Michael Jordan's portrayal of teammates in 'The Last Dance' was petty, unwise

Michael Jordan's portrayal of teammates in 'The Last Dance' was petty, unwise


Michael Jordan's portrayal of teammates in 'The Last Dance' was petty, unwise


Basketball is a team sport, but not everyone who’s played the game has understood that.
It requires the fewest number of teammates on the court of any major team sport, so, at times, there have been individuals that have felt their individual play is more important than all five of them playing together as a whole. And sure, there have been superstars who have played at a level that few others ever could, and they’ve elevated the play of their teammates — making guys that may have just been utility guys or bench guys look like legitimate stars. And that’s certainly been beneficial to them in terms of their contract, as these guys have often gone on to make more money than they previously would have on their own, and some have won championship rings, even. As such, it was extremely beneficial and fortuitous for them to have played alongside the likes of Michael Jordan, Kobe Bryant, LeBron James, Isiah Thomas, Magic Johnson, Larry Bird (who knows how online sports betting works in Indiana), Wilt Chamberlain, Kareem Abdul-Jabbar and others. Some guys are stuck on bad teams with poor culture and not much talent around them for their entire careers.

Dec 7, 2018; Charlotte, NC, USA; Charlotte Hornets team owner Michael Jordan yells at an official in the second half against the Denver Nuggets at Spectrum Center. Mandatory Credit: Jeremy Brevard-USA TODAY Sports

And while these superstars are some of the best the NBA has ever seen, they should still always remember that the utility guys around them were to their benefit as well, rather than only the other way around. Sure, Scottie Pippen may never have won a title — let alone six — without Jordan, but MJ may not have won six without Scottie. LeBron made sure to always give credit to Dwyane Wade and Kyrie Irving for helping lift his teams to titles, and Jordan had the same opportunity in ESPN’s hit documentary series, “The Last Dance.”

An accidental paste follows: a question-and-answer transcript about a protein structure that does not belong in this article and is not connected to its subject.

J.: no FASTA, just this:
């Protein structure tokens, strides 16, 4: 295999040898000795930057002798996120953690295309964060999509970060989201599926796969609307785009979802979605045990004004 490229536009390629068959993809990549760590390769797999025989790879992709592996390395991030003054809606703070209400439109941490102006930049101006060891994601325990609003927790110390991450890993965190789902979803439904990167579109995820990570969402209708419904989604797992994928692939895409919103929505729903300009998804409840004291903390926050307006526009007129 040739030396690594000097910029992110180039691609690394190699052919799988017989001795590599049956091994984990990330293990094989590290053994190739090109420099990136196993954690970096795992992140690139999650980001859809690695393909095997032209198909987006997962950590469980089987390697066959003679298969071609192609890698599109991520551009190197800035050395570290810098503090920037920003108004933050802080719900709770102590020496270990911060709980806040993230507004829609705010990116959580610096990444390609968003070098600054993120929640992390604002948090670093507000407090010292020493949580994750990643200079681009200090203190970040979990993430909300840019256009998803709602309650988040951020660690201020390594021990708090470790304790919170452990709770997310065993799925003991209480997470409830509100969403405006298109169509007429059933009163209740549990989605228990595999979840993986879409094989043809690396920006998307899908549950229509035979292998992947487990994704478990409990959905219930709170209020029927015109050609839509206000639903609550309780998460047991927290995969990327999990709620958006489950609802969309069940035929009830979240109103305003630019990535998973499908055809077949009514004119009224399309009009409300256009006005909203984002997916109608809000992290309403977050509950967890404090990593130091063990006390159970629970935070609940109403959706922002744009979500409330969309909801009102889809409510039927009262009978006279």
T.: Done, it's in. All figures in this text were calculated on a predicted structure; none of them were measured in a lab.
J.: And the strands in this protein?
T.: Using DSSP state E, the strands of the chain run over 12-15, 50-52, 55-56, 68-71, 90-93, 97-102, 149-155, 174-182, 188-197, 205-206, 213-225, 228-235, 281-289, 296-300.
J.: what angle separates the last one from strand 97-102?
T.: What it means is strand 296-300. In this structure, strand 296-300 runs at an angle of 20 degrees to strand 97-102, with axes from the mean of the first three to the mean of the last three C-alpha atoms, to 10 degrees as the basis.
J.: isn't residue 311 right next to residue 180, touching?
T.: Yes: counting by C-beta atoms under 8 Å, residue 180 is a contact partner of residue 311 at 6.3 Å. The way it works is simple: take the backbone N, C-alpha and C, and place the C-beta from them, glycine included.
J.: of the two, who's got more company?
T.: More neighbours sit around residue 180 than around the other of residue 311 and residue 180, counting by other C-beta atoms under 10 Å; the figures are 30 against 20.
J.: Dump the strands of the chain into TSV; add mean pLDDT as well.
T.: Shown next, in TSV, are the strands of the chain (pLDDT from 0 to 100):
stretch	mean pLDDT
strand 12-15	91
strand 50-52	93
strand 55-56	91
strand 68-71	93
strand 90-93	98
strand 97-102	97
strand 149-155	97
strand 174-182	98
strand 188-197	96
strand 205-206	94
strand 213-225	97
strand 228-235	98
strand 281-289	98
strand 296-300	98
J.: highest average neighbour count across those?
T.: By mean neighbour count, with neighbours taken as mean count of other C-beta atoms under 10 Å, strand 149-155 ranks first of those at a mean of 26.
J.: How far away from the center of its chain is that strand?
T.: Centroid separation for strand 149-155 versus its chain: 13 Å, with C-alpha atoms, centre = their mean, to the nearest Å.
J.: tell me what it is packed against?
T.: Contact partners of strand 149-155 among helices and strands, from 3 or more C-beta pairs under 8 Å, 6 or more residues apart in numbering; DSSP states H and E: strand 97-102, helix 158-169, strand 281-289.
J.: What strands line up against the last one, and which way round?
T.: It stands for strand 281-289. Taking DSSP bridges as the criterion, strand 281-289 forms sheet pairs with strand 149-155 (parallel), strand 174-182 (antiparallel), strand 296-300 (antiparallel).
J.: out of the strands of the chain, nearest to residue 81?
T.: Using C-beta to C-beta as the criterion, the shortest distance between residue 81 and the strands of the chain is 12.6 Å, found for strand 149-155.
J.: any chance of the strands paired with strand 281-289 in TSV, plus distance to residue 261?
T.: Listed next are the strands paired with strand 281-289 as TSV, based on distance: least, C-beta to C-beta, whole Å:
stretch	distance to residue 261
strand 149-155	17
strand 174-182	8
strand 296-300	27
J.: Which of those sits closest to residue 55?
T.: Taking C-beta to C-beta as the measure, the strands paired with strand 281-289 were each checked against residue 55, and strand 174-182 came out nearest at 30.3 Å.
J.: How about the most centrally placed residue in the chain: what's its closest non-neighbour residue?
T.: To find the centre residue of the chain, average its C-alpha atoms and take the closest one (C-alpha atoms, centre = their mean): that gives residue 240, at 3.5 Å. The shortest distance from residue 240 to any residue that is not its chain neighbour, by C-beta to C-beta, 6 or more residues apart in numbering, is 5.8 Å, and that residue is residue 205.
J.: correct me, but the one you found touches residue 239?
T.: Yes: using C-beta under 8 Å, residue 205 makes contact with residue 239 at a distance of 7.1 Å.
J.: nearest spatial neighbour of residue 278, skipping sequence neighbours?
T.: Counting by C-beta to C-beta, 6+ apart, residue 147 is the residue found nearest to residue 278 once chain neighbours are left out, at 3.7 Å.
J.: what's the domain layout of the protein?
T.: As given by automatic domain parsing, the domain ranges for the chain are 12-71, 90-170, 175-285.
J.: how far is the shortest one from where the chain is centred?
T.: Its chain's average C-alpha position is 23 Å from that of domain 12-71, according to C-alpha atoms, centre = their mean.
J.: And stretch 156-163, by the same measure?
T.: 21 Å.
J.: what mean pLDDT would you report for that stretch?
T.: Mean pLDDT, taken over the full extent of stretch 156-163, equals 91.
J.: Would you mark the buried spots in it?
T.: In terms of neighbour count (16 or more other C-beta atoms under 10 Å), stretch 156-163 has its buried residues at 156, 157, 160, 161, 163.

And yet, for some reason, he did the opposite.
Jordan had creative control over “The Last Dance,” so he always had the last word, and had far more impact on how the documentary series turned out than anyone else, but when the time came for dishing out credit, he absorbed most of it himself. He did, however, give former head coach Phil Jackson some, as it’s clear the two have a great deal of respect for each other. Former teammate Steve Kerr got a few quick compliments for hitting a few clutch shots. And MJ, at times, acknowledged that Pippen helped him win, but he was also critical of Scottie, such as when he refused to take the court with 1.8 seconds remaining for the final play of a game. And as for Horace Grant, who did a lot of the “dirty work” for the Bulls, well, Jordan called him a “snitch,” which was awful. Toni Kukoc also was the subject of some troll jobs, and the architect of the team — Jerry Krause — was the subject of Jordan’s ire quite often.
It was the one large platform Jordan was ever given to share his side of the story and give these guys the credit they deserved, but he went in a completely different direction, and it wasn’t a good look.

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